Miniature trains ran round and round peaceful villages on table displays, past ice-skating figurines and fluffy cotton snow. Adult train conductors in grey and white-stripped overalls sat nearby in preparations for prying fingers and careless gesturing. At 4pm, the doors to Look Park’s Garden House would open to welcome families into Santa’s Trains event and exhibit.

Just 93 miles south at Sandy Hook Elementary School, a devastatingly different scene was unfolding:

[Newtown, CT] “A man killed his mother at their home and then opened fire Friday inside an elementary school, massacring 26 people, including 20 children, as youngsters cowered in fear to the sound of gunshots reverberating through the building and screams echoing over the intercom. The 20-year-old killer, carrying at least two handguns, committed suicide at the school, bringing the death toll to 28 authorities said.” -John Christoffersen, Associated Press

Sandy HookThe doors were open. Boys and girls trailed past with piping cups of hot chocolate and giant sugar cookies in each hand. Every child who wanted to see Santa had to recite his or her name for the friendly elves. Only after the children’s names were located in the “nice” book, were they allowed to scurry in line to speak with the big man himself. Santa made time for every boy and girl provided they arrived between the hours of 4pm and 8pm. The North Pole is a very long way away, after all.

“All 20 of the slain children were either 6 or 7 years old.” -CNN.com

IMG_5133Children, with mothers and fathers in tow, skipped aimlessly from one shiny new thing to another. They occupied a world of red and green wonderment; confident their guardians would produce hot chocolate, mittens and new bracelets at a moments notice. These mothers and fathers had expectations too. Expectations that their young child would grow up, make mistakes and eventually make them proud. And they also expect to be outlived by their toddling 6 year old as this is the natural way of things.

I stood next to the artificial white Christmas tree with pink lights and cupcake ornaments, overheating in my extra large elf costume. In this magical holiday display, children existed to be loved and to love in return. in this moment, nothing matters beyond the exit doors and cold December air.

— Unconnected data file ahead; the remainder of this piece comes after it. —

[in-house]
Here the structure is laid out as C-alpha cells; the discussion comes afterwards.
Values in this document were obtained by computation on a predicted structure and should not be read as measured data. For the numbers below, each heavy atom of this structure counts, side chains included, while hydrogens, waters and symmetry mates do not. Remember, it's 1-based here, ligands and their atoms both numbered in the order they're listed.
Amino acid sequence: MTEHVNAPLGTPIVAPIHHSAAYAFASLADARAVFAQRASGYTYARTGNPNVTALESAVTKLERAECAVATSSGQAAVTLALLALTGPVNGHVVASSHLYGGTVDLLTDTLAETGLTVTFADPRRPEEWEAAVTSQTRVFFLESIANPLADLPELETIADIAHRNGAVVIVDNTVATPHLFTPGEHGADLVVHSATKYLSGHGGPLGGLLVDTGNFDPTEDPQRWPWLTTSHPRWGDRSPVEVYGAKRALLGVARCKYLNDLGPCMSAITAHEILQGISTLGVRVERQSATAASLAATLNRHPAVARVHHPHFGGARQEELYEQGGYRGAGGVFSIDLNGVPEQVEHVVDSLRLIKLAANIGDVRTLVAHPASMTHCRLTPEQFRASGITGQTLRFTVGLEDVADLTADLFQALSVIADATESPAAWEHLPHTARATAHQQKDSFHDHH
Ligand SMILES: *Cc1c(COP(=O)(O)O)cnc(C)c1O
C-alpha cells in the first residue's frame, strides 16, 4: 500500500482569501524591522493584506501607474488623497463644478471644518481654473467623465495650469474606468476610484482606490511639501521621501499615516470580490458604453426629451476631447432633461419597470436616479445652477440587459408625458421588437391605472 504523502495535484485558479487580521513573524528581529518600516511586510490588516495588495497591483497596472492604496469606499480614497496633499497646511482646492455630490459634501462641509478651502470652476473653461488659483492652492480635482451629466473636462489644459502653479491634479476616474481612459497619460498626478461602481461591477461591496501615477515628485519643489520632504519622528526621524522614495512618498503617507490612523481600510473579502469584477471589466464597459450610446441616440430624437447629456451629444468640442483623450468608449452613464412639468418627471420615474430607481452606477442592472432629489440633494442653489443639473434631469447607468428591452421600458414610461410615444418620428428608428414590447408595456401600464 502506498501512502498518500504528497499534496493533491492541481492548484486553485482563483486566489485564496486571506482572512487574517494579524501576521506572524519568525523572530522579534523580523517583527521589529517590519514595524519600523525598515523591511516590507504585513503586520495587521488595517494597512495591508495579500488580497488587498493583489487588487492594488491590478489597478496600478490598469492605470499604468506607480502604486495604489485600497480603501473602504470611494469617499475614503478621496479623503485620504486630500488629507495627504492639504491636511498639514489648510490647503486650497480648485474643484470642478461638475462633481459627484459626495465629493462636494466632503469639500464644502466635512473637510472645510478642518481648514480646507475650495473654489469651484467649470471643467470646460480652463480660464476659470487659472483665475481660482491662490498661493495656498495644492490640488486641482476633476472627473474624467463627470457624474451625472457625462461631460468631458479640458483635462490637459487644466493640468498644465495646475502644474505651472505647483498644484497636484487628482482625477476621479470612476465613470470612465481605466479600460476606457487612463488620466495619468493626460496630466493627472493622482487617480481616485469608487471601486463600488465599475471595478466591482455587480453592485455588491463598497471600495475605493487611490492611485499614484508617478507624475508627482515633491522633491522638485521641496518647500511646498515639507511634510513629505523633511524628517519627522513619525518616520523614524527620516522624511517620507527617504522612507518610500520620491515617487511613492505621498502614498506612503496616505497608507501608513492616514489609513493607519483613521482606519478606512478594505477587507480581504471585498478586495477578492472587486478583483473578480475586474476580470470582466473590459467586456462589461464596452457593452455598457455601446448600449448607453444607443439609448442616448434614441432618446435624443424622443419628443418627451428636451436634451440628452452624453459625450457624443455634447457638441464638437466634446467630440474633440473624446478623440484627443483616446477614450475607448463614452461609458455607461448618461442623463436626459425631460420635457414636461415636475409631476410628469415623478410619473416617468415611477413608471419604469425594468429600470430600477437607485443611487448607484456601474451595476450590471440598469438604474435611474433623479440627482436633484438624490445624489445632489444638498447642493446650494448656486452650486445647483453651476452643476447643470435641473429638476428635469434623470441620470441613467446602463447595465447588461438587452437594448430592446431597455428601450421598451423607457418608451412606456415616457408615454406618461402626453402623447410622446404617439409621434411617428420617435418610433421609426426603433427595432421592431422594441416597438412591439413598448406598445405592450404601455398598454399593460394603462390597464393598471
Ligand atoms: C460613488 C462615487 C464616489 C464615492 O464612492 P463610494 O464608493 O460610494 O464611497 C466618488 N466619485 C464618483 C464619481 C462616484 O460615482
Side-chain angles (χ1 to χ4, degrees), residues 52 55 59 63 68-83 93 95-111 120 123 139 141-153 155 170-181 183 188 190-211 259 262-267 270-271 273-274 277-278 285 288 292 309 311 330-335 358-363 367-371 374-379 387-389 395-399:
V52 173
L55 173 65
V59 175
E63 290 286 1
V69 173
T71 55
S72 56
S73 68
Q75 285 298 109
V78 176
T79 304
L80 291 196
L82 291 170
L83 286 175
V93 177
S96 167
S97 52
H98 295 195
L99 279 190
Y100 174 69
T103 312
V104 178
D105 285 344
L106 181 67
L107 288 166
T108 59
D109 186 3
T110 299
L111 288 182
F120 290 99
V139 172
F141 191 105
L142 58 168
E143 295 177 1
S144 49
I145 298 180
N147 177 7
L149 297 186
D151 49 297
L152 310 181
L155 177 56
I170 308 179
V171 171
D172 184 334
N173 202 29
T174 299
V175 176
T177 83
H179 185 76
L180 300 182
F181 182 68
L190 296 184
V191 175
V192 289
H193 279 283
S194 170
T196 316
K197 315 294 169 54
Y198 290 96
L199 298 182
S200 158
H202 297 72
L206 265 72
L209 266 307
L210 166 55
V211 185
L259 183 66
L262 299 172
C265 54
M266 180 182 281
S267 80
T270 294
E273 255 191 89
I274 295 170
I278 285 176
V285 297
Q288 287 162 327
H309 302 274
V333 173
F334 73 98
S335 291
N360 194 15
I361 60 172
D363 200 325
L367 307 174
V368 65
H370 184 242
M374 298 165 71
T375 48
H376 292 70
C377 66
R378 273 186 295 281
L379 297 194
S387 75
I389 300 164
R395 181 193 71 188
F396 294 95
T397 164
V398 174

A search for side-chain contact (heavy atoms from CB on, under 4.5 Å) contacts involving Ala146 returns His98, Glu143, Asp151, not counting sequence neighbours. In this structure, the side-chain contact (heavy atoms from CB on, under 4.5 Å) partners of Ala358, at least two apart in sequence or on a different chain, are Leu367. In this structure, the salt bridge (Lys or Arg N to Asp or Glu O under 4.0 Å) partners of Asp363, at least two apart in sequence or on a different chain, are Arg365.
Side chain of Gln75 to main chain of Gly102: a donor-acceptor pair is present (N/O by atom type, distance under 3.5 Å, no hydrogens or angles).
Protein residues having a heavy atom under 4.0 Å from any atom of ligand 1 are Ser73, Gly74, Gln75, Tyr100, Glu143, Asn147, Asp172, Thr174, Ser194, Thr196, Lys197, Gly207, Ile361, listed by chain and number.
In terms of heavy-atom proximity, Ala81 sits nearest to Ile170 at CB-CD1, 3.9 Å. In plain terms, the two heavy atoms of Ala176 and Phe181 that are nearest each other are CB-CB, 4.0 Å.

Staffers hailed as heroes- A worker who turned on the intercom, alerting others in the building that something was very wrong. A custodian who risked his life by running through the halls warning of danger. A clerk who led 18 children on their hands and knees to safety, then gave them paper and crayons to keep them calm and quiet.” -Associated Press

I have no answers for “why” the shooting and lives of 27 innocent souls were taken on Friday December 14th. But I do know that these children are our children, America’s children. Sandy Hook is every school in every town. As a former child and future parent, I send my prayers to every family who must now fill a hole where a former loved one used to reside. We raise you up on our shoulders and hope you find some inner peace in the coming months and all the months after that.

This holiday season and every season, hug those closest to you and sent your warmth out to estranged family members, forgotten friends and complete strangers. At the end of the
day, we must go on living as if we have years and years to fill with happy memories. It is our responsibility to live for those who cannot and for those who have forgotten how to try. 

For more information, receive guidance or make a donation, visit Help for victims of Sandy Hook.